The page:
"We're particularly proud of and excited about the
Chinese version of our website," said Chin. "The vast
majority of sharks that are killed are taken for their
fins, which end up in shark fin soup - a delicacy
entrenched in Chinese culture and tradition."

"With an estimated 1.3 billion native speakers, Chinese
is, by far, the most widely spoken language on the
planet, and we are thrilled to be able to extend our
message to such a key audience," said Pete Wang, one of
COARE's volunteer translators.

"We have observed that a number of well-intentioned
shark conservation efforts have failed to persuade their
intended audience, and sometimes even alienated those
they meant to engage, because they failed to account for
language and cultural differences," said Richard Nelson,
one of COARE's directors. "Our program takes both
language and culture into consideration, and works with
communities to decrease the demand for products that are
harmful to sharks and the ocean."

The mission of the Shark Safe certification program is
to protect oceanic ecosystems by encouraging practices
that do not negatively impact shark populations.
"Sharks are one of our oceans’ top predators, keeping
the entire ecosystem in check, but shark populations
have declined dramatically over the last few decades as
a result of human greed and lack of understanding,"
said Chin. "If people knew more about these animals,
they would want to protect them."

As a conservation based website, also
offers information about the plight of sharks and about
the need for their conservation. As further development
of the website continues, it will serve as a portal for
consumers to locate certified Shark Safe establishments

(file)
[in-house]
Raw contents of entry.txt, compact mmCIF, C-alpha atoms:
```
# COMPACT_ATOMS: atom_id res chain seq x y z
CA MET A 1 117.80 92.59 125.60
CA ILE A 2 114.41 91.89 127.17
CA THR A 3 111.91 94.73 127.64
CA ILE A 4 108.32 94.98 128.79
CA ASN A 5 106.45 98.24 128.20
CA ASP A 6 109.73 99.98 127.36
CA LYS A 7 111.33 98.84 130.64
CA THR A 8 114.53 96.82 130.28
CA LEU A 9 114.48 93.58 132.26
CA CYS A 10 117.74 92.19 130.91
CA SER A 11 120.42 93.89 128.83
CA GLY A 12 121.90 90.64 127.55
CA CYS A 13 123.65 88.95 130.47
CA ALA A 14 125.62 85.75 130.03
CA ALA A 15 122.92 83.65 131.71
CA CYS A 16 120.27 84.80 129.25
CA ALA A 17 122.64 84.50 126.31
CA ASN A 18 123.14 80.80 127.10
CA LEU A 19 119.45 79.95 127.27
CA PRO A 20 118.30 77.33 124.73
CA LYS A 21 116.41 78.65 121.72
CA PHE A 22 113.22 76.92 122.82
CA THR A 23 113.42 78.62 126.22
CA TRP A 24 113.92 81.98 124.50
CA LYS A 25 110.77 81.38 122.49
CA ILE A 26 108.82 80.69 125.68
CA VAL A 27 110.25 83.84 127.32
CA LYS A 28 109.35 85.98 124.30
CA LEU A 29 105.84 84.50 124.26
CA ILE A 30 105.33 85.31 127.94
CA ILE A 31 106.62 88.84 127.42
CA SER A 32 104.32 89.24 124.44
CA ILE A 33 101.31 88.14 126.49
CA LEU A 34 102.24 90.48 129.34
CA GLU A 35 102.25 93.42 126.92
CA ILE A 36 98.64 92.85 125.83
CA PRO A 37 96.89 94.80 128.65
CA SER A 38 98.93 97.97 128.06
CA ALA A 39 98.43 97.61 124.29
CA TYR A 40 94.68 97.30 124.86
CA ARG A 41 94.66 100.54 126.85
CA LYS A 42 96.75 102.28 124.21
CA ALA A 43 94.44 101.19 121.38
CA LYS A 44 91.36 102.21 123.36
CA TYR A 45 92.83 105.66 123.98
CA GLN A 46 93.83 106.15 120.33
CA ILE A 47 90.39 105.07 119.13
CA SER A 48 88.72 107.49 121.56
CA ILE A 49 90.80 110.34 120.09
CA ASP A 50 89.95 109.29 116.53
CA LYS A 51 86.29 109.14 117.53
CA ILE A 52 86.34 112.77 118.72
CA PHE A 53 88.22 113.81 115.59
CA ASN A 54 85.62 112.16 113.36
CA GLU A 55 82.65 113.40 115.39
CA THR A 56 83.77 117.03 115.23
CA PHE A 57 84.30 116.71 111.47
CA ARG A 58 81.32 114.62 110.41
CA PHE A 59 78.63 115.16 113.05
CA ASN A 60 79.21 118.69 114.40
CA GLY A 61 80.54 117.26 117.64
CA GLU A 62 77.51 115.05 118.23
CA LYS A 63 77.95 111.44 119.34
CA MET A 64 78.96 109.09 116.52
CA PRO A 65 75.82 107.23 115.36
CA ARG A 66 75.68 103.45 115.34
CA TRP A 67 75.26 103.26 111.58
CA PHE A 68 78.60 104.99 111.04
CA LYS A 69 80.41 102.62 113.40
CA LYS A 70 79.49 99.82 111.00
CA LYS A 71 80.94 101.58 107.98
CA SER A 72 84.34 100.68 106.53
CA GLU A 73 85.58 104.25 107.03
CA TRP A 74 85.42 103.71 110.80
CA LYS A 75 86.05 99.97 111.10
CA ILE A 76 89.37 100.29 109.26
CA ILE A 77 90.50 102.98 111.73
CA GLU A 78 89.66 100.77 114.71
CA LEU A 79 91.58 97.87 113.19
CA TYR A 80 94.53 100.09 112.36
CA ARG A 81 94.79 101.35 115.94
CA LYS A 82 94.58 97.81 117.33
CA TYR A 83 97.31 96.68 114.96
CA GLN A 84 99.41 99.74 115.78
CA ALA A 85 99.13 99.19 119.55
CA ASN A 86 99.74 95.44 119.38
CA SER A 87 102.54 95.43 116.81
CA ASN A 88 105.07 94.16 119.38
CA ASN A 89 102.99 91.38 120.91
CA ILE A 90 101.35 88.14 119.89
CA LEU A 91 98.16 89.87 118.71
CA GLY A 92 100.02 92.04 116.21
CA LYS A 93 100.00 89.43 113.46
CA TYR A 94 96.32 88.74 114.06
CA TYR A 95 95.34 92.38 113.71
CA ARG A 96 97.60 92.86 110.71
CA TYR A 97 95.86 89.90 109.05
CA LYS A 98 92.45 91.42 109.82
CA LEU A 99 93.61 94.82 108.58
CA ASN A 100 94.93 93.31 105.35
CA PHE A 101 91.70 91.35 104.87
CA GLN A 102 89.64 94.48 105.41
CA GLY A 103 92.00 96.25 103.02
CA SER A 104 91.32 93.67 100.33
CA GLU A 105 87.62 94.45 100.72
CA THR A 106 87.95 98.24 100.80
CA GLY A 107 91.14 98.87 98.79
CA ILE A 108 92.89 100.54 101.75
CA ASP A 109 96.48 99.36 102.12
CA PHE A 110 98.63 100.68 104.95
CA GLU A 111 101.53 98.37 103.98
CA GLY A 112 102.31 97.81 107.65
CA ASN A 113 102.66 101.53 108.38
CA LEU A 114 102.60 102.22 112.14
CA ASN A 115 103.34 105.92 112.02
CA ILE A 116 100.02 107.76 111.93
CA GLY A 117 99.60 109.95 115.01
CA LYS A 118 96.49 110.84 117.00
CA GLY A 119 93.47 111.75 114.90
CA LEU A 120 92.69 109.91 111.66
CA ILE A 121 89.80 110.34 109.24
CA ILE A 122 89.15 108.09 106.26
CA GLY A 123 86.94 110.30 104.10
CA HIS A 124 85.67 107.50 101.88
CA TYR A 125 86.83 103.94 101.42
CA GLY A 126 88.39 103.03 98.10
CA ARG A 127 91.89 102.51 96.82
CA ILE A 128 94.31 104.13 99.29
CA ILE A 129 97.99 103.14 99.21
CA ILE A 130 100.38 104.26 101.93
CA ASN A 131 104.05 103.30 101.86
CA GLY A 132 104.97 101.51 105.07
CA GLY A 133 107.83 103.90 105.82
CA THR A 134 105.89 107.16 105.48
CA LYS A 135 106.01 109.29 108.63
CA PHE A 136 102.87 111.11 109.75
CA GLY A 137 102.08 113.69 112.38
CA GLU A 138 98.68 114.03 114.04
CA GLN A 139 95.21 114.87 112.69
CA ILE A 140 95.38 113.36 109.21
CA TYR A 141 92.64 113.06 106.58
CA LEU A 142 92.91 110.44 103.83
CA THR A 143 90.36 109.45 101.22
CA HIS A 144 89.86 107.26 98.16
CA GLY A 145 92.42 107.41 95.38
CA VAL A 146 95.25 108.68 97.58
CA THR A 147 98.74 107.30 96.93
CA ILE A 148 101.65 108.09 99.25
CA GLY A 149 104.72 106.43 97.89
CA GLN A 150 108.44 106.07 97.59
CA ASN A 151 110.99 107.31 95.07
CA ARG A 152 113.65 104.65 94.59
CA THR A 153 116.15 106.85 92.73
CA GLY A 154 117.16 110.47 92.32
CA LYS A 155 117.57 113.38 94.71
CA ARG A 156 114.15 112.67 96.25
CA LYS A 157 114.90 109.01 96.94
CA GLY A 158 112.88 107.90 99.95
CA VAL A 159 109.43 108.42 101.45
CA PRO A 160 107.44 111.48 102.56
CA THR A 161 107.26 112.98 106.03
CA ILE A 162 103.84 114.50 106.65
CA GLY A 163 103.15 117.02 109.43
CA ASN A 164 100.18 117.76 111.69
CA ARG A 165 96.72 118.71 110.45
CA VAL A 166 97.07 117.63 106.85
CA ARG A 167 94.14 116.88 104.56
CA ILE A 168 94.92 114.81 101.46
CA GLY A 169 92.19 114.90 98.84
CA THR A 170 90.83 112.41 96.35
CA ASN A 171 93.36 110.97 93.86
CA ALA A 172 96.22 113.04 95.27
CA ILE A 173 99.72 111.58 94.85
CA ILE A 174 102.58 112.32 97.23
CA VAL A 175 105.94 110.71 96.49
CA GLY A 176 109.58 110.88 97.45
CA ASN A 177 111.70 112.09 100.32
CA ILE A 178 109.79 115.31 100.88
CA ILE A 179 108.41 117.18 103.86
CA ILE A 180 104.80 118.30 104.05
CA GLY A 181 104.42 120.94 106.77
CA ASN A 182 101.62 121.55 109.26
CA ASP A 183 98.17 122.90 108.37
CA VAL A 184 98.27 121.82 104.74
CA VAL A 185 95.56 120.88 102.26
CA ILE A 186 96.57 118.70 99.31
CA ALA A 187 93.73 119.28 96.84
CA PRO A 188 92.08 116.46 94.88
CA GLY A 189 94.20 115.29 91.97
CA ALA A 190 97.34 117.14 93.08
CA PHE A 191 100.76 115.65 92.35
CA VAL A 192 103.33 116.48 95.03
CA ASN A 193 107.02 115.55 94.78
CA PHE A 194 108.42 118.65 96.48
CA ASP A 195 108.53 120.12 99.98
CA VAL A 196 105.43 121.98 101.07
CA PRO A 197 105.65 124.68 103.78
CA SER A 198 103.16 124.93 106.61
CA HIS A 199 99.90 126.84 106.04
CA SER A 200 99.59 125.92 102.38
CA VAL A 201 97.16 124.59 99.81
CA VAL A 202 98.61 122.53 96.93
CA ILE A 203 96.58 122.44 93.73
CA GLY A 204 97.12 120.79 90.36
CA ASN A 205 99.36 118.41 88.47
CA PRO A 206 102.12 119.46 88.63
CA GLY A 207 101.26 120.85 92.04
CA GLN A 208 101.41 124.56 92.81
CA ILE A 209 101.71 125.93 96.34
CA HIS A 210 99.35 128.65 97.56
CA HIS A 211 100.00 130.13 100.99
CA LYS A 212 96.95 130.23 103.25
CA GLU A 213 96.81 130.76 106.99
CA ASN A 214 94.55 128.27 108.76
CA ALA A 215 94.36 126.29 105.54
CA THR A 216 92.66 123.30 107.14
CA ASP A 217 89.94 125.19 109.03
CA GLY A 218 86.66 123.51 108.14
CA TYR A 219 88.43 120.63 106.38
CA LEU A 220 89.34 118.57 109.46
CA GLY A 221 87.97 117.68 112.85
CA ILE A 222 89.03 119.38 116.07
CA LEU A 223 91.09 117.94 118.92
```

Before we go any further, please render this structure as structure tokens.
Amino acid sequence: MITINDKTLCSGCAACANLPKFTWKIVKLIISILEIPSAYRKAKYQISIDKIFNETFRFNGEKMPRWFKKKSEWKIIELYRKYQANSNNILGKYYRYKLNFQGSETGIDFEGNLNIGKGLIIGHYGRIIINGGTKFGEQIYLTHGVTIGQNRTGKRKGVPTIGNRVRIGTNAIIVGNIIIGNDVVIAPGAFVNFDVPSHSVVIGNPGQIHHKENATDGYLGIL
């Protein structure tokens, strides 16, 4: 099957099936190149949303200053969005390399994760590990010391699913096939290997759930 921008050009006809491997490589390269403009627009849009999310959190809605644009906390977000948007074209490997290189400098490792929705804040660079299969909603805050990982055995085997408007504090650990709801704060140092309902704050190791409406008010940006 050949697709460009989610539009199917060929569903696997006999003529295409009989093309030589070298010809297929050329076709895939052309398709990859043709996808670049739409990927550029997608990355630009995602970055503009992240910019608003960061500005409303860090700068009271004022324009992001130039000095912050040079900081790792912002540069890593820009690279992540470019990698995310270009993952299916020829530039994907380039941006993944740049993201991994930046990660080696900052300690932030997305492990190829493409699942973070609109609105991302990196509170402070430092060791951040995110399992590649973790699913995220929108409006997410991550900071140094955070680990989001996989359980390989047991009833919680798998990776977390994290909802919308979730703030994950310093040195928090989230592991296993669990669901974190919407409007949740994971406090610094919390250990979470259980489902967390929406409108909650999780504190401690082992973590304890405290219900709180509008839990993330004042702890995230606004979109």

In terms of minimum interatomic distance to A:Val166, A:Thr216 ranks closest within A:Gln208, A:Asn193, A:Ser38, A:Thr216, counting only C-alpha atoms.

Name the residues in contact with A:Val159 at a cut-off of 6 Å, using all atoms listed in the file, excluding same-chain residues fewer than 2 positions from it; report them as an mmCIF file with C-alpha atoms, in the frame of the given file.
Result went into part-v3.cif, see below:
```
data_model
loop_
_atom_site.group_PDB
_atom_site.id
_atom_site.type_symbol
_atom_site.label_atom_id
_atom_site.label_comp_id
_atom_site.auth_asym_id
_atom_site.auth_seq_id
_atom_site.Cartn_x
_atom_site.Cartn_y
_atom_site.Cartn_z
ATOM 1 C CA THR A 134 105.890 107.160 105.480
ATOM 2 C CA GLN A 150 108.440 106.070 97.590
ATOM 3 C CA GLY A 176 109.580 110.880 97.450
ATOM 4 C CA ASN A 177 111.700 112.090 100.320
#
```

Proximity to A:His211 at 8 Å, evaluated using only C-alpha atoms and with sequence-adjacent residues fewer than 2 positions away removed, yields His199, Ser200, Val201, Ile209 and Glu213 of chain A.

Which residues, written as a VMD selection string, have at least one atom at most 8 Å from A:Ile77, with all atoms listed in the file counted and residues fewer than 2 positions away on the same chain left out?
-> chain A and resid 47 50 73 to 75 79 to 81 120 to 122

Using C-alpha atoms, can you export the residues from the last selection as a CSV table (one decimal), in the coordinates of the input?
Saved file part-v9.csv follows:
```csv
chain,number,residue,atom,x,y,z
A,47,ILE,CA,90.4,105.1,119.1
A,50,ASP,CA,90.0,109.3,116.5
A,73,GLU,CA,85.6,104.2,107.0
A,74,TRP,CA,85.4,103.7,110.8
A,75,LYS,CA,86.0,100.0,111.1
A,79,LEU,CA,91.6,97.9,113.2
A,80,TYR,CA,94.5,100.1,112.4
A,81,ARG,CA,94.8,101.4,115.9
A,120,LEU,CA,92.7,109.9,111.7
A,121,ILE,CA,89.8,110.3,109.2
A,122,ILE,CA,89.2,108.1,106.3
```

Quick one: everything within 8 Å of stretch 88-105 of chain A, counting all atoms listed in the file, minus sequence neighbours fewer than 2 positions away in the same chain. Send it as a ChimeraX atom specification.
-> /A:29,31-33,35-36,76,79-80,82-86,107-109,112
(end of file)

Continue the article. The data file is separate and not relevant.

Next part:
quickly and easily.

COARE began development of its Shark Safe program in
early-2007, seeking to protect sharks by raising
awareness of threats to shark populations and by
reducing the demand for shark products. In July of
2007, Jim Toomey, the artist behind the popular
syndicated cartoon Sherman's Lagoon, joined the effort
and helped form the Shark Safe logo in use today.
"Sharks have resided in a dark corner of our mythology
for thousands of years, which is partly the reason why
saving this vital animal from extinction will require a
special effort," said Toomey.


The Center for Oceanic Awareness, Research, and
Education, Inc. (COARE) is a tax-exempt nonprofit
organization based in the San Francisco Bay Area. Its
purpose is to study our oceans and increase public
awareness of the earth's marine environment through
educational programs and outreach. COARE seeks to
enlighten people, young and old, to the plight of the
oceans, to change the way they think and act, and to
encourage them to create positive and lasting change.
For more information about COARE, visit

COARE, Shark Safe, and the Shark Safe logo are
trademarks of The Center for Oceanic Awareness,
Research, and Education, Inc. All other company names
or marks mentioned herein are those of their respective

Media Contact
Jennifer Bowyer,, +1-510-495-7875